Now after tracking 25 million steps, my weight is almost the same. Did closing all those rings really do anything?
Researchers have been asking this question for nearly a decade. What they tell me: Buying a fitness tracker or smartwatch won’t help you lose weight. In fact—yes—wearing a gadget can even hurt your efforts.
Exercise is great for you, and if your tracker helps keep you moving, by all means keep wearing it. But like many other wellness products, trackers have been marketed with more hype than evidence.
Research moves slowly in academia, but the most notable study of the health outcomes of fitness trackers was published in 2016 from Singapore. It found that people who wore Fitbits maintained their physical activity slightly better than a control group without them – but after a year, it wasn’t enough to cause changes in weight or blood pressure.
The central premise of the trackers is that “if you give people information, they will do something to change their behavior,” says John Jackic of the University of Kansas Medical Center, who studies obesity and weight regulation. But that doesn’t happen after the initial focus wears off, he says.
“When we give people tools, it usually doesn’t change their behavior,” he says. “And if it does, it changes it for a very short period of time — maybe about 2 to 3 months, maybe a little longer — before the thing on your wrist goes into a drawer or you’re on it. Stop paying attention.”
Jacic helped conduct one of the largest controlled studies of tracker tech, published in 2016 by the University of Pittsburgh. It found that dieting adults who wore a simple activity monitor for 18 months lost weight compared to those who didn’t. People who wore the device also generally moved less.
One theory: Just the act of measuring your body can change the psychological experience of being active. A 2016 study by Duke University’s Jordan Aitken found that measuring can weaken the “intrinsic motivation” of activities like going for a walk, making it feel like work and reducing sustained engagement in the activity. Is. “They can’t motivate you,” says Etkin.
We don’t yet understand how they affect people in different ways. Some people with trackers are motivated by competing with friends and family members to move the most. But for others, seeing their watch report that they’ve had a lazy day can contribute to self-sabotage. A 2017 study of teenagers found that trackers negatively increased peer pressure and were demotivating.
I saw the potential—and shortcomings—of the Apple Watch when I returned from parental leave last year. A few weeks after resuming work, which involves long hours at the computer, Apple’s Health app displayed a warning: My steps and standing hours had fallen off a cliff. I joked that my Apple Watch thought my work was killing me.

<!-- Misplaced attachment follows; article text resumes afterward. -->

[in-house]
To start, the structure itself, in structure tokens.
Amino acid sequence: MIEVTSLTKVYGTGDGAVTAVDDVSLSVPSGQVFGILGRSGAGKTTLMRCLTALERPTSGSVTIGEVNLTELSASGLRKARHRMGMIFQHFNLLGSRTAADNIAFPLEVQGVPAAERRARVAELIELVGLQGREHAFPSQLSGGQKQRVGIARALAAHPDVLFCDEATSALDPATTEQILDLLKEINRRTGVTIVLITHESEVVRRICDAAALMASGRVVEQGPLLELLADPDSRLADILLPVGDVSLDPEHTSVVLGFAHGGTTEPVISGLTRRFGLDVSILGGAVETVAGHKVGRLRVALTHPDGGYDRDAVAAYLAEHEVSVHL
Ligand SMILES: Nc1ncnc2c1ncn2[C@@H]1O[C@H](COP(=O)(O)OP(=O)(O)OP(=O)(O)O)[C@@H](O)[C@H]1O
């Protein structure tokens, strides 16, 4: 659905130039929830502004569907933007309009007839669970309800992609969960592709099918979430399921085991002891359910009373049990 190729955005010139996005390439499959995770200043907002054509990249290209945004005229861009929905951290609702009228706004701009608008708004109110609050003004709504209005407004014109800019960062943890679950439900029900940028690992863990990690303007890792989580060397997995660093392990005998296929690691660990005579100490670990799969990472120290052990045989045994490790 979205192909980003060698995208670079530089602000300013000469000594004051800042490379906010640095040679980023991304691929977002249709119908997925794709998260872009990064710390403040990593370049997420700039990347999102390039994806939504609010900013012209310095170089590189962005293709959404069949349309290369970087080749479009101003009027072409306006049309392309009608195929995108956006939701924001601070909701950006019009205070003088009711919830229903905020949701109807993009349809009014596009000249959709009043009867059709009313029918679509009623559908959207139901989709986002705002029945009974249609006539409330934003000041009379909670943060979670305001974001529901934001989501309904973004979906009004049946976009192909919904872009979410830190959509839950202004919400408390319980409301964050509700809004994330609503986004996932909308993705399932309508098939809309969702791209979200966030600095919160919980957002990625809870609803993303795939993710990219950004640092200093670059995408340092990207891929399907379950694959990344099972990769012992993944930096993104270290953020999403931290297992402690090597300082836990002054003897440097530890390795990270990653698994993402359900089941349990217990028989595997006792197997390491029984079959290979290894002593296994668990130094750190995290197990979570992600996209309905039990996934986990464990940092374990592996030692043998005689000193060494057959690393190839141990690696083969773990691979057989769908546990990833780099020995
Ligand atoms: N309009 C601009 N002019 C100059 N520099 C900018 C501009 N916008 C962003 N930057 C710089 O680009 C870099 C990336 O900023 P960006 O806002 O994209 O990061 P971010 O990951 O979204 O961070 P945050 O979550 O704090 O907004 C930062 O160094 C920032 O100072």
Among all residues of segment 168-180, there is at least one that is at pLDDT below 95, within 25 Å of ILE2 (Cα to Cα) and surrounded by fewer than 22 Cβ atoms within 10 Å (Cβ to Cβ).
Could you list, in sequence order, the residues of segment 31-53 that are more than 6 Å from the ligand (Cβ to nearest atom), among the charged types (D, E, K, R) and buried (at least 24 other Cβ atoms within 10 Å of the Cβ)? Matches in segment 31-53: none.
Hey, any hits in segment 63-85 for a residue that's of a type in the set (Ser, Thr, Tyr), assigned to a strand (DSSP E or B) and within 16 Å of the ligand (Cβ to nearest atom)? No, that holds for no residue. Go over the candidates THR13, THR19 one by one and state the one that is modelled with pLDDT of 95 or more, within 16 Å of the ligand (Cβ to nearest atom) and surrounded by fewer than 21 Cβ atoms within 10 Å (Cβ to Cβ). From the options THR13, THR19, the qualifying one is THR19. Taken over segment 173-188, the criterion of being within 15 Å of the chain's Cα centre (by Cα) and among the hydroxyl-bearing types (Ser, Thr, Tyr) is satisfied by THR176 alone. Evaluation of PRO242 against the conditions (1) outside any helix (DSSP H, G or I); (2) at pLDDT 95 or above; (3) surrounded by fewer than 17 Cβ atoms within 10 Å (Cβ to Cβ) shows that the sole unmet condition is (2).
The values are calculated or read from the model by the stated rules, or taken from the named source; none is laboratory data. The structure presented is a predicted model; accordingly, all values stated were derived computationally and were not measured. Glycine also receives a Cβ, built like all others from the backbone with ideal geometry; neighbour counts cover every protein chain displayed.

That was a useful heads up. But what was I supposed to do about it? My watch also had no insight into what my new goals should be. Finally, I learned from other parents the joys of taking a walk after work with a baby. What works for you, and what doesn’t? Email me.
What do tracker makers say?
Apple told me it doesn’t track research on weight loss because it’s not the focus of the Apple Watch. (This is disappointing.) But Apple pointed me to a 2018 RAND Corporation study of programs that reward people for meeting specific goals with their watches. These people increased their monthly activity days by an average of 34%, and this continued after the end of the program.
Google-owned Fitbit said its devices are useful for an overall view of your health, including weight management. This pointed me to a 2020 analysis of 37 controlled trials that found that using Fitbits during interventions was associated with both weight loss and increases in step count and moderate-to-vigorous activity.
But in the majority of these trials, people wearing Fitbits were also given other materials and support.
According to Arizona State University’s Matt Bowman, gadgets alone “don’t provide the extra support needed for long-term, sustainable behavior change — things like social support or goal setting, observing other people’s behavior like you and action planning.” says that.
How Weight Watchers Use Trackers
If anyone had figured out how to use activity trackers, I thought it might be Weight Watchers, also known as WW. Today, about 40 percent of its members use trackers to automatically enter exercise data into their programs, says chief scientific officer Gary Foster.
Yet the company hasn’t linked their use to better weight loss results, in part because people don’t use them consistently. What this could mean, Foster told me, is that wearing a tracker makes it easier to stay on top of your exercise.
But a fitness gadget still can’t automate what Foster considers the most important data for weight loss: what you eat. Foster says he gets a call about once a quarter from people with a new idea for a gadget to measure food and drink, such as a sensor on teeth, but “not yet.”
The bottom line, Foster says: “Tracking your activity will have little or no impact without the surround sound support of what to do with that information.”
If the controversy surrounding TikTok’s Chinese ownership makes you uncomfortable, you can help protect yourself by giving it less data about you. A good place to start: not sharing your contacts.
Tap Settings → Privacy → Sync contacts and Facebook friends and make sure both are turned off. If you’ve previously shared them, you can also remove them here.
Further reading: Is TikTok Really Giving Your Data to China?
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